Dentist incomes grew for the last 5 years, but due to coronavirus and increasing PPE costs, I would expect dentist incomes to fall in 2020/2021. Tuition will continue to increase 3-7% every year. The administration announced a pay freeze/ hiring freeze so clearly the school is broke. The D20 class year will be hurting enormously because the job market is so weak. Many students secured jobs very early (signed job offers in fall, but don't graduate until may). These jobs and in some cases residencies, will be put on hold because most 4th years likely won't be able to graduate until july.

Extremely old student body; average age is like 34. Over half the class has masters degrees yet a third of students fail their boards every year. Because students cheat/study only to pass tests and don't retain info for the boards. Tufts cares about money more than anything. Students care more about their grades than anything else. Infopack cheating scandal. Cheating scandals in 2012, 2014 and now 2020 related to online testing (they continue to let us take online exams, maybe because there is no other option. They sent a message to our entire class, but never followed up or said how many students were involved; idk what they did to address it.)

The coronavirus has highlighted many of the things that I dislike about Tufts. Tufts even told us that we were at "low" risk and made us keep coming in to school until March 16th. They even started running out of masks and ppe which was ridiculous. Tufts, Boston, and the entire state of Massachusetts are at "high" risk now. The administration did a really bad job and they pat themselves on the back anyway.

Generally you are so busy studying you won't really care. A huge plus is that 70% of classes are lecture captured so you can stay home and watch them instead of coming to class. The nutrition school and associated schools in the boston campus are also nice, although there is a lack of a "campus" feel and downtown/chinatown is busy//loud/crowded and has gotten really expensive over the years.

Hope this helps... if you are a D24 don't worry about the summer reading assignment it's just bs
Oh my god. Tufts gave me an "inadvertent acceptance" last year on Friday, December 13th (Friday the 13th =D) and then emailed me that Sunday telling me I was denied. I already knew it was a blessing in disguise because I interviewed at my #1 choice this cycle but everything you described is nightmare-ish.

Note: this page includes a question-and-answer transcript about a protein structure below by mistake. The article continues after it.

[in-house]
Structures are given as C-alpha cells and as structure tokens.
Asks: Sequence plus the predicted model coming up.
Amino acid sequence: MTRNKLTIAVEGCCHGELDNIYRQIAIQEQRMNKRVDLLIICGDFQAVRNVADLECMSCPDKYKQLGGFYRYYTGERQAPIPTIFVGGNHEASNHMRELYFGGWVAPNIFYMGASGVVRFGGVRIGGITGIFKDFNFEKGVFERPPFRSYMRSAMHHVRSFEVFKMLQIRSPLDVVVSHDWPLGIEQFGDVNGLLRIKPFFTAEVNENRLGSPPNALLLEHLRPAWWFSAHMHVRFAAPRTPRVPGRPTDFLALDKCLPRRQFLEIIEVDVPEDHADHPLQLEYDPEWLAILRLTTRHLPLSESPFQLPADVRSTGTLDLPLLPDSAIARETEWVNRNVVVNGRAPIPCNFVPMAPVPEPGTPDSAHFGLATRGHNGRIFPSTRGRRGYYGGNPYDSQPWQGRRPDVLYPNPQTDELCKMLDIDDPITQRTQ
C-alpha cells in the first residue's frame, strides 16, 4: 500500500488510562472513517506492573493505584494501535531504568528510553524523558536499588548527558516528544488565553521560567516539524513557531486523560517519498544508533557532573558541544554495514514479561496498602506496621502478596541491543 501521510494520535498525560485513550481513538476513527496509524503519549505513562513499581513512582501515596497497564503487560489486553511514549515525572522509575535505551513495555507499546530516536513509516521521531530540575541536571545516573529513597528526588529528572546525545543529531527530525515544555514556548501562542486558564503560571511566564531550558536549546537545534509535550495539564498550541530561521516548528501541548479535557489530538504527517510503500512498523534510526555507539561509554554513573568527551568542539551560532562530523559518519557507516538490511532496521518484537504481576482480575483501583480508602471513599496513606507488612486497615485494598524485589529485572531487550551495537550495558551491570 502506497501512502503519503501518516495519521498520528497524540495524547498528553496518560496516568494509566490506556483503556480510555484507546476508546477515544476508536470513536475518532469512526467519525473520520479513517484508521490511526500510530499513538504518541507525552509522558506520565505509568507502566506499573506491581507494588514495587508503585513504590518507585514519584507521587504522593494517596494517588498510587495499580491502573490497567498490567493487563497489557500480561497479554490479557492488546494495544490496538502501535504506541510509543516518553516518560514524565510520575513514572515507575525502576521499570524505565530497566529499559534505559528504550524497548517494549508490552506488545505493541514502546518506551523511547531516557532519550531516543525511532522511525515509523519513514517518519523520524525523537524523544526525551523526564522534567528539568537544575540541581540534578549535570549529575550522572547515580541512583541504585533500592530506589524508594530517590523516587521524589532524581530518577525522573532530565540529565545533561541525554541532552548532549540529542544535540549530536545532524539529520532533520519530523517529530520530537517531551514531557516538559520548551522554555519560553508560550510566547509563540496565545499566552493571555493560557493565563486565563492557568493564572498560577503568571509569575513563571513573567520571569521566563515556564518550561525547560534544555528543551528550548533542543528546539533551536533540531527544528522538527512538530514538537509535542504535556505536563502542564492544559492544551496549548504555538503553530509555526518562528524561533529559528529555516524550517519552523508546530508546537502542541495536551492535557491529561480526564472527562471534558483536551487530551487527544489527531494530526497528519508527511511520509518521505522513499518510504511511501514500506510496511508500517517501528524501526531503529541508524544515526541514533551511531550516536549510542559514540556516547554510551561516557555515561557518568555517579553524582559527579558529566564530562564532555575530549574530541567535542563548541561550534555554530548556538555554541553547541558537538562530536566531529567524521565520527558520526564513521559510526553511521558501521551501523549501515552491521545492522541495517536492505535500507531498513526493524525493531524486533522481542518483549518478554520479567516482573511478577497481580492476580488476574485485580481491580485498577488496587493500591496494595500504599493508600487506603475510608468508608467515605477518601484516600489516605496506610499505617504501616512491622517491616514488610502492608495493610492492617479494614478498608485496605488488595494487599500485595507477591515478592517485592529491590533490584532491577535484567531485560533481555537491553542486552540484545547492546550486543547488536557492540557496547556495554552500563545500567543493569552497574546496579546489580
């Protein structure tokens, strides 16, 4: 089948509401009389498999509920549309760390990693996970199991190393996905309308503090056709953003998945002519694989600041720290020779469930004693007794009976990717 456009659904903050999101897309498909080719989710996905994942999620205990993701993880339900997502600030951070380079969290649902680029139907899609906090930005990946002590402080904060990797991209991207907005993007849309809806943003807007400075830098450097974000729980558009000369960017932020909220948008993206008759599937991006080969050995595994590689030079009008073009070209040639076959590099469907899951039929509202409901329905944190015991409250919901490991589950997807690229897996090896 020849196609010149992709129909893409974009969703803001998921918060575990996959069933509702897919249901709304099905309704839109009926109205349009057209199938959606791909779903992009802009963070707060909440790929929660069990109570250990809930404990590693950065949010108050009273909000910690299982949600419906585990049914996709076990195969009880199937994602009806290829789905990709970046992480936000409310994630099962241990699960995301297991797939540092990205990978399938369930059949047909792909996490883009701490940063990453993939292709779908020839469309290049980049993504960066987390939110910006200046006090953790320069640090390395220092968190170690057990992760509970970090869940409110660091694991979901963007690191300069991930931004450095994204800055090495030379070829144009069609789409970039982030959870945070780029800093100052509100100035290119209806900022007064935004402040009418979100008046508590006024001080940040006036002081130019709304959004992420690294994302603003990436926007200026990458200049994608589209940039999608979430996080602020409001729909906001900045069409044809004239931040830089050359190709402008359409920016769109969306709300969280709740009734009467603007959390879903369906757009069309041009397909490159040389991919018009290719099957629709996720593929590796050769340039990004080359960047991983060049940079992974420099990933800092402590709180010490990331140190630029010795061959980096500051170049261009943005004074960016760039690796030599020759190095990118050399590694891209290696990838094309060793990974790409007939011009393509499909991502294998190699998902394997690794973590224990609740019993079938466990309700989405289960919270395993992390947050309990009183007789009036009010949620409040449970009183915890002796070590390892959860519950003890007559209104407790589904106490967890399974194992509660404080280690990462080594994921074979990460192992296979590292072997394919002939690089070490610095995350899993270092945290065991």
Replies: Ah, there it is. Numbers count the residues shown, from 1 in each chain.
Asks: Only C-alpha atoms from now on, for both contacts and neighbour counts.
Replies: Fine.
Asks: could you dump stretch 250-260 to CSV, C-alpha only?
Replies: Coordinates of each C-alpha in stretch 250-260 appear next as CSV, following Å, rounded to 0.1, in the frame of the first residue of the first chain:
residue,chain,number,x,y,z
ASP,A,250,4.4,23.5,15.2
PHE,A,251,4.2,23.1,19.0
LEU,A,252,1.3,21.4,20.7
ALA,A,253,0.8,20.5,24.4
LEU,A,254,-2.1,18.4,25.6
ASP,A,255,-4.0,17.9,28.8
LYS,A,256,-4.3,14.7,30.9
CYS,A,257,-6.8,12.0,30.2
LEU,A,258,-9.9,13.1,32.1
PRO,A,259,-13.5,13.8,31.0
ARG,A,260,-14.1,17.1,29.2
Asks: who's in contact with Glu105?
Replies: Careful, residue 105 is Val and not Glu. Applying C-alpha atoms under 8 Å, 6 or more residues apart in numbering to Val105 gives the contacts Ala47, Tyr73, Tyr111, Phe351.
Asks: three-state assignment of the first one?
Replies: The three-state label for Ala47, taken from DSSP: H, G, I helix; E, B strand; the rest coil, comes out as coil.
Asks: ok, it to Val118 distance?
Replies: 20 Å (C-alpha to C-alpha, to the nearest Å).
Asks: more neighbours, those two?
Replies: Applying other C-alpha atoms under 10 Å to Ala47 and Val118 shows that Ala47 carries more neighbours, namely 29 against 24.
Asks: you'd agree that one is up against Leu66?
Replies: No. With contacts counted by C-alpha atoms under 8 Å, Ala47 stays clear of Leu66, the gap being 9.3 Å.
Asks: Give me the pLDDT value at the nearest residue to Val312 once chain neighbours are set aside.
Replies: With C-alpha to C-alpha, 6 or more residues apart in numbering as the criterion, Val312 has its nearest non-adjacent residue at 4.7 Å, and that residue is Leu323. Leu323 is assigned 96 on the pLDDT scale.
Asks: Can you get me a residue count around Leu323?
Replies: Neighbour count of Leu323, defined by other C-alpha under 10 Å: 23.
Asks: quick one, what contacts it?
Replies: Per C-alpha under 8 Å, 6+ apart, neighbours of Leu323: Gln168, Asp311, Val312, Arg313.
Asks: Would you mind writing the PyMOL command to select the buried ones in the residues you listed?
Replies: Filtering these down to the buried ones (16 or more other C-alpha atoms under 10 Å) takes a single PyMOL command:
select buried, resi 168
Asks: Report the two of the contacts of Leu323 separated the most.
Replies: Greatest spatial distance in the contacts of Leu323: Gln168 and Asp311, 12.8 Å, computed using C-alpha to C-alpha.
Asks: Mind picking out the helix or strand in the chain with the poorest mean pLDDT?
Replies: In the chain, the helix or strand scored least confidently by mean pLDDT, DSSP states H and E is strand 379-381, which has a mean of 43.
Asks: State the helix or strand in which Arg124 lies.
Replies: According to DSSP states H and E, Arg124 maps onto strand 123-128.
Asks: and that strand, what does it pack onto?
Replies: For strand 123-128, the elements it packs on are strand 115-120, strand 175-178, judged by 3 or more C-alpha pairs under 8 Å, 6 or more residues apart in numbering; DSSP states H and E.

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predental21250

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All these stories are very interesting. I remember when I had my interview at Tufts, enjoyed my day there a lot. That admin that you keep talking about in your stories was someone that actually struck out to me as genuinely friendly and well liked. Surprised with all of these things said about him..
 

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All these stories are very interesting. I remember when I had my interview at Tufts, enjoyed my day there a lot. That admin that you keep talking about in your stories was someone that actually struck out to me as genuinely friendly and well liked. Surprised with all of these things said about him..

It’s almost like interviews are the schools way to sell you an idea of how great it is and get you to go there. Hmmmmm.
 
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SigmaFS

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I thank god everyday for no interest on loans til sept 30th. really hoping that gets extended to the end of the year. if you have no money expect 550k-600k in loans from tufts whens all said and done. the "average" indebtness (which includes people whose parents pay or get scholarships was 360k in 2018 and hasn't been updated) however there are 65 D20s who haven't graduated yet who had to extend/renews their leases and pay another semester's worth of tuition. stuff adds up. I think I will have half a mil of debt roughly 450-500k by the time I graduate. keep in mind a LOT of students at tufts get held back, take 5 years to graduate or graduate late. that increases your COA by a lot. last 3 years average board failure rate was 30%, they haven't even told my class what our pass rate is (I think because it's so bad or because some people still haven't taken it) Tufts' excuse for our low class gpa is the number of masters students with good master's program gpas. what's the excuse for the terrible board pass rate? Why don't they publish our 4-year graduation rate? If they did, far fewer people would apply. the financial aid COA doesn't include interest. even with lower rates the interest is substantial and soul-crushing

edit: my plan is to skip residency and start working, if job outlook is good go for private practice and hope to build higher income through practice ownership. if bad, get a job at a health center non-profit and apply for PSLF
Hate to break the news, but CARES Act no interest provision only applies to borrowers in repayment, not borrowers in school. Check your loan servicer's website to confirm interest accrual.